‘World Heart Day’: Indian American Physician Vemuri Murthy Honored as ‘Global Champion of Resuscitation’
Dr. Vemuri Murthy (2nd from left) receiving a medal of recognition as “Global Champion of Resuscitation” from Congressman Danny K. Davis and Congressman Hon. Peter J. Roskam. (photo provided)
By AJAY GHOSH/Special to India-West
“World Heart Day” is being observed on Sept. 29 this year with the objective of raising awareness of heart disease and to promote “healthy heart” lifestyles. “Heart disease is the number one global public health problem,” says Dr. Vemuri S. Murthy, an advocate of community and physician resuscitation education and training for more than three decades in the U.S. and India. “It is disheartening to see patients with reversible health conditions die suddenly due to lack of both community health awareness and timely emergency care based on evidence-based resuscitation practices.”
An alumnus of Guntur Medical College, Guntur, and All India Institute of Medical Sciences, New Delhi, and a former chairman of the Anesthesiology Department at West Suburban Medical Center, Oak Park, Illinois, Murthy has been hailed as a “pioneer of resuscitation medicine in India.” A reputed leader of organized medicine in the U.S., the Indian American physician has served as the president of the Chicago Medical Society and the Indian American Medical Association, Illinois.
Affiliated with various U.S. medical organizations and institutions, Murthy is a resuscitation educator and researcher, advisor to Resuscitation Training Centers, champion of community cardiopulmonary resuscitation and a leader of organized medicine in the U.S. His mission has been saving lives in sudden cardiac arrests. Global evidence-based information has proven that bystander CPR is life-saving in sudden cardiac arrest. The latter is recognized by sudden collapse of the person without any breathing, pulse or consciousness.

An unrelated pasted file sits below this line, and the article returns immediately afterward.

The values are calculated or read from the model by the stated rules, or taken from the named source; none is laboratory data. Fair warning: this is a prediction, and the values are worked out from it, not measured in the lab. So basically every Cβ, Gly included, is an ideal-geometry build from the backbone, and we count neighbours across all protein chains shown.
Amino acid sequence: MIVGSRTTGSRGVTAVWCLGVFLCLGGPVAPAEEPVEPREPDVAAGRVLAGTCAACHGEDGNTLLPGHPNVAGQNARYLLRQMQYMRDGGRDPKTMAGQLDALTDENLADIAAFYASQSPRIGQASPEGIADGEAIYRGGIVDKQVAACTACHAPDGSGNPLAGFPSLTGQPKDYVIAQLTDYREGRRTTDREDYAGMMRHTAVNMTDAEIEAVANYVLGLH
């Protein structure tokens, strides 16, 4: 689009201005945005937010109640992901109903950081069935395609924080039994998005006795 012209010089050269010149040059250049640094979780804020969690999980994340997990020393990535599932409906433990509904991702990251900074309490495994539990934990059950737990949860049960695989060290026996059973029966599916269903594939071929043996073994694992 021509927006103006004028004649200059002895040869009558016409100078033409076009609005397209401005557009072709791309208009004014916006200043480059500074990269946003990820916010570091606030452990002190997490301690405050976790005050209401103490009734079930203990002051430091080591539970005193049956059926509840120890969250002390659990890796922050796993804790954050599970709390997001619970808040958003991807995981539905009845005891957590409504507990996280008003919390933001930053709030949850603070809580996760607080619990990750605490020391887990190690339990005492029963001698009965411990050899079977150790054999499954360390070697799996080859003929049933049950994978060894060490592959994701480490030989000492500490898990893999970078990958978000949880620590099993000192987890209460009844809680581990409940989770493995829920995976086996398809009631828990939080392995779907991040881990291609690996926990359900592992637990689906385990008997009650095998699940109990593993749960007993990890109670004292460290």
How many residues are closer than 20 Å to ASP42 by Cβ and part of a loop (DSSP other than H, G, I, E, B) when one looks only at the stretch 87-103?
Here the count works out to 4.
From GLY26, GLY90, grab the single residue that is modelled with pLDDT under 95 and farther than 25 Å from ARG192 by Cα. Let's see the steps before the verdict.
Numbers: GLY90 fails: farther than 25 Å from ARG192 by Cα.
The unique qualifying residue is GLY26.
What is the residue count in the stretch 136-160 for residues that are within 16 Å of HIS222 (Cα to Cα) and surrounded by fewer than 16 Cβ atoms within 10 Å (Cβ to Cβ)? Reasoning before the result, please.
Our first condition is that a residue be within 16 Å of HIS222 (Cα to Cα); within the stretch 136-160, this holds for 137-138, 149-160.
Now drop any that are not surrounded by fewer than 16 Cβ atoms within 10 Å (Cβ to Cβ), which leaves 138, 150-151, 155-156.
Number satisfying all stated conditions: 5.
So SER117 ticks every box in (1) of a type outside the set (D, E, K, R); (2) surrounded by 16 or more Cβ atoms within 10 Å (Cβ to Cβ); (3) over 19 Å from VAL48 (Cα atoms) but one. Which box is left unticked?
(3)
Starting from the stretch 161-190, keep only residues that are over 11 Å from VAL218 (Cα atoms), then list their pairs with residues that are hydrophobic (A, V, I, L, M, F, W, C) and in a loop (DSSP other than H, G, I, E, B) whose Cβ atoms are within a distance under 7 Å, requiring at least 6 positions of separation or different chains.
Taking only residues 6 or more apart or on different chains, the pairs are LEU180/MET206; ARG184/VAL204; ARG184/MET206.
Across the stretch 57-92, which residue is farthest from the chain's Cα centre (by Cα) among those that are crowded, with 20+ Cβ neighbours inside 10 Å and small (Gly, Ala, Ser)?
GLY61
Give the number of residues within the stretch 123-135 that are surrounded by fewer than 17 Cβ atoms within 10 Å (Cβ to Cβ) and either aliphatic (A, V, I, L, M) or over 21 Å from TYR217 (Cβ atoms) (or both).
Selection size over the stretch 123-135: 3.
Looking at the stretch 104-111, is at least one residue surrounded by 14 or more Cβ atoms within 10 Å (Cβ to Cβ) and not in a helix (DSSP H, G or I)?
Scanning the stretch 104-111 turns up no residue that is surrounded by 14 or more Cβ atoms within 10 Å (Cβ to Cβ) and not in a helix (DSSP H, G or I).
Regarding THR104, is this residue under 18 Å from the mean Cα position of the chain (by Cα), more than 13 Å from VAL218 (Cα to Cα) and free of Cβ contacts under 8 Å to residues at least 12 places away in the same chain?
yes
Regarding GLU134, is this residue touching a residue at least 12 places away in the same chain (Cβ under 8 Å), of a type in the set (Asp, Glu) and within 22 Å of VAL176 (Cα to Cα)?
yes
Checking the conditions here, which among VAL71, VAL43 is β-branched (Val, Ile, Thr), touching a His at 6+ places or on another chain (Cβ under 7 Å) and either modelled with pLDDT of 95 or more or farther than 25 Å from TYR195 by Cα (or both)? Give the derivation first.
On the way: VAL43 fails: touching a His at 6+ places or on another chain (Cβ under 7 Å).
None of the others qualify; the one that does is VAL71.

Cardiopulmonary resuscitation, if performed immediately, can double or triple a cardiac arrest victim’s chances of survival. In a majority of cases, immediate hands-only CPR may have similar survival outcomes comparable to the conventional CPR performed with both chest compressions and breaths.
Quoting evidence-based studies done, Murthy points to the fact that South Asians are at a four-times greater risk of heart disease than their western counterparts and have a greater chance of having a heart attack before 50 years of age. Heart attacks strike South Asian men and women at younger ages, and as a result, both morbidity and mortality are higher among them compared to any other ethnic group. They tend to develop heart disease ten years earlier than other groups.
The founder of Chicago Medical Society’s Community CPR Project ‘Saving More Illinois Lives through Education’, Murthy says, “Almost one in three among South Asians may die from heart disease before 65 years of age. In India, heart disease remains the number one cause of death. Common risk factors are smoking and a diet high in sugar, salt, refined grains, and fat. A large number of South Asians appear to have “insulin resistance,” a condition in which the body does not utilize insulin efficiently, resulting in diabetes, which leads to a significant number of heart-related problems. Lack of adequate exercise, stress, and genetic predisposition are also contributing factors,” adds Murthy.